How to Activate Material in Simulations of Manufacturing Processes

Mats Danielsson November 7, 2018

Material deposition is an essential ingredient in certain manufacturing processes, including welding and additive manufacturing. Say that you want to simulate such a manufacturing process. A challenge that you will face during the simulation is depositing material in a way that introduces it in a state of zero stress. Here, we look at the Activation functionality in the COMSOL Multiphysics® software and how it facilitates the simulation of material deposition.

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Christopher Boucher November 5, 2018

Modern optical systems are often required to operate in harsh environments, including high altitudes, space, underwater, and in laser and nuclear facilities. Such optical systems are subjected to structural loads and extreme temperatures. The most accurate way to fully capture these environmental effects is through numerical simulation via a structural-thermal-optical performance (STOP) analysis. STOP analysis is the quintessential multiphysics problem. In this blog post, we show how to combine structural, thermal, and optical effects using the COMSOL Multiphysics® software.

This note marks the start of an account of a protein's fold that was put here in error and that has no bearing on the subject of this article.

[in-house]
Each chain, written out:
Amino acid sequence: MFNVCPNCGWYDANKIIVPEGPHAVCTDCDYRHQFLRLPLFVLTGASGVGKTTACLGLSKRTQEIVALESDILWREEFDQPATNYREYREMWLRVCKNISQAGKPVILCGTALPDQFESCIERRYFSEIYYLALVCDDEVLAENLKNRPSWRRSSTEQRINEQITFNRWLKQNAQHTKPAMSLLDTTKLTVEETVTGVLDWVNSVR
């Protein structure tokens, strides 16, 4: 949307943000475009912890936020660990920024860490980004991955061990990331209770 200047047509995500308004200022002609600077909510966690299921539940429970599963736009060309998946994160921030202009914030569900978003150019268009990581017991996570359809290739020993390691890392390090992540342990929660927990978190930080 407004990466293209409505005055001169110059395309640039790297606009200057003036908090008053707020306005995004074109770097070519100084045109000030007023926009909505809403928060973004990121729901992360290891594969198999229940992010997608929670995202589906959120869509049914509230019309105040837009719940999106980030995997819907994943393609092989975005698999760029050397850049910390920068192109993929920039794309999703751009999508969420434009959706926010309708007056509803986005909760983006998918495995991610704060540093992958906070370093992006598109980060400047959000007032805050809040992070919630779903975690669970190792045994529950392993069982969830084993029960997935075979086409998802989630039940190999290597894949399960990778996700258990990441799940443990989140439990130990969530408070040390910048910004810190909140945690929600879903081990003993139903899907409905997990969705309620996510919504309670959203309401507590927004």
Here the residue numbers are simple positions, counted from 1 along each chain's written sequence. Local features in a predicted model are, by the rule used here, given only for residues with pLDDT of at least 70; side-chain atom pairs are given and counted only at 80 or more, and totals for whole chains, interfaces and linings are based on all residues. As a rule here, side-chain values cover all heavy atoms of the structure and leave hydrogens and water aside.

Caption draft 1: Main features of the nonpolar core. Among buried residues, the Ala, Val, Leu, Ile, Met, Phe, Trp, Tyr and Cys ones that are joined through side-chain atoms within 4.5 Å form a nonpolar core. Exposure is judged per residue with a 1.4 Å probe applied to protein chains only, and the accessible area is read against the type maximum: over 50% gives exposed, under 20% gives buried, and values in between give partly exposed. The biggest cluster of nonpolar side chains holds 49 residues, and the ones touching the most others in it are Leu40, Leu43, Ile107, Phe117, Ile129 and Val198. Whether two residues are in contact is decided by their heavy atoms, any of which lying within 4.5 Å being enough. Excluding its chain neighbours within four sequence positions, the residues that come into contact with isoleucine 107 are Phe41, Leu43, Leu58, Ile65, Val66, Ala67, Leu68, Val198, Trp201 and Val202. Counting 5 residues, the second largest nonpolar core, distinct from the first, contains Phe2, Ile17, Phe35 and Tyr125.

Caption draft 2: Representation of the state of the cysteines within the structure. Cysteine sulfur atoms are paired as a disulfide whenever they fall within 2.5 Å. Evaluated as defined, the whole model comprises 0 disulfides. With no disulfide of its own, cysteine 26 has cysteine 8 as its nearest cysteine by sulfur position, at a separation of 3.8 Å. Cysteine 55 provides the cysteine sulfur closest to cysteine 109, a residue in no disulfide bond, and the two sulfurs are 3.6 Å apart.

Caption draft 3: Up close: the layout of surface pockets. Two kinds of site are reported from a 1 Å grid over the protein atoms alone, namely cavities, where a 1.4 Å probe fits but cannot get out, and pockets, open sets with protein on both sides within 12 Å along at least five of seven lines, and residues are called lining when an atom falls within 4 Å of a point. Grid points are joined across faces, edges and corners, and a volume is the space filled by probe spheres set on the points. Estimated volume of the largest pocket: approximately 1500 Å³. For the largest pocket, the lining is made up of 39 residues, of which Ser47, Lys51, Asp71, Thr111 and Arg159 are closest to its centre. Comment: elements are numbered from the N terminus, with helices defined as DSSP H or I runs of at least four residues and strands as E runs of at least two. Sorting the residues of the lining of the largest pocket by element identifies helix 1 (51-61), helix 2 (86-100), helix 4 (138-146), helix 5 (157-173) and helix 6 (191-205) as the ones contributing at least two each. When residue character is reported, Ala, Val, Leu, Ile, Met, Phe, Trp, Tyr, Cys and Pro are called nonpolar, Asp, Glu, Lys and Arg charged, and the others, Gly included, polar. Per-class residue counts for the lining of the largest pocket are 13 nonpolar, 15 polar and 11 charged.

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Yosuke Mizuyama November 1, 2018

Even though the first man-made light source used thermal radiation, the effect wasn’t fully understood until the discovery of quantum mechanics. Nowadays, it’s a well-known physics concept. In this blog post, we discuss surface-to-surface radiation theory for the so-called gray body, how to implement it in the COMSOL Multiphysics® software, and an interesting use of this theory.

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Thomas Forrister October 24, 2018

During routine exams, eye care professionals look for common refractive errors like nearsightedness, farsightedness, and astigmatism. As patients age, doctors also look for presbyopia, a loss of the accommodative amplitude that results long-term in a complete loss of the near vision. The visual accommodation process is complex, and useful eye properties needed to improve diagnosis and presbyopia treatment are difficult to obtain. To address the problem of measuring the refractive index of the lens, researchers developed a reverse engineering technique […]

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Thomas Forrister September 20, 2018

After a pleasant day at the beach, you open your car door. It’s warm inside the vehicle, but it’s nothing a little air conditioning can’t fix. Then you sit down. The seat is burning hot, making for an uncomfortable ride home. Fortunately, there’s a way to avoid this scenario: Engineers can use thermoelectric devices that leverage the Seebeck and Peltier effects to control the temperature of car seats (among other applications).

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Chandan Kumar September 5, 2018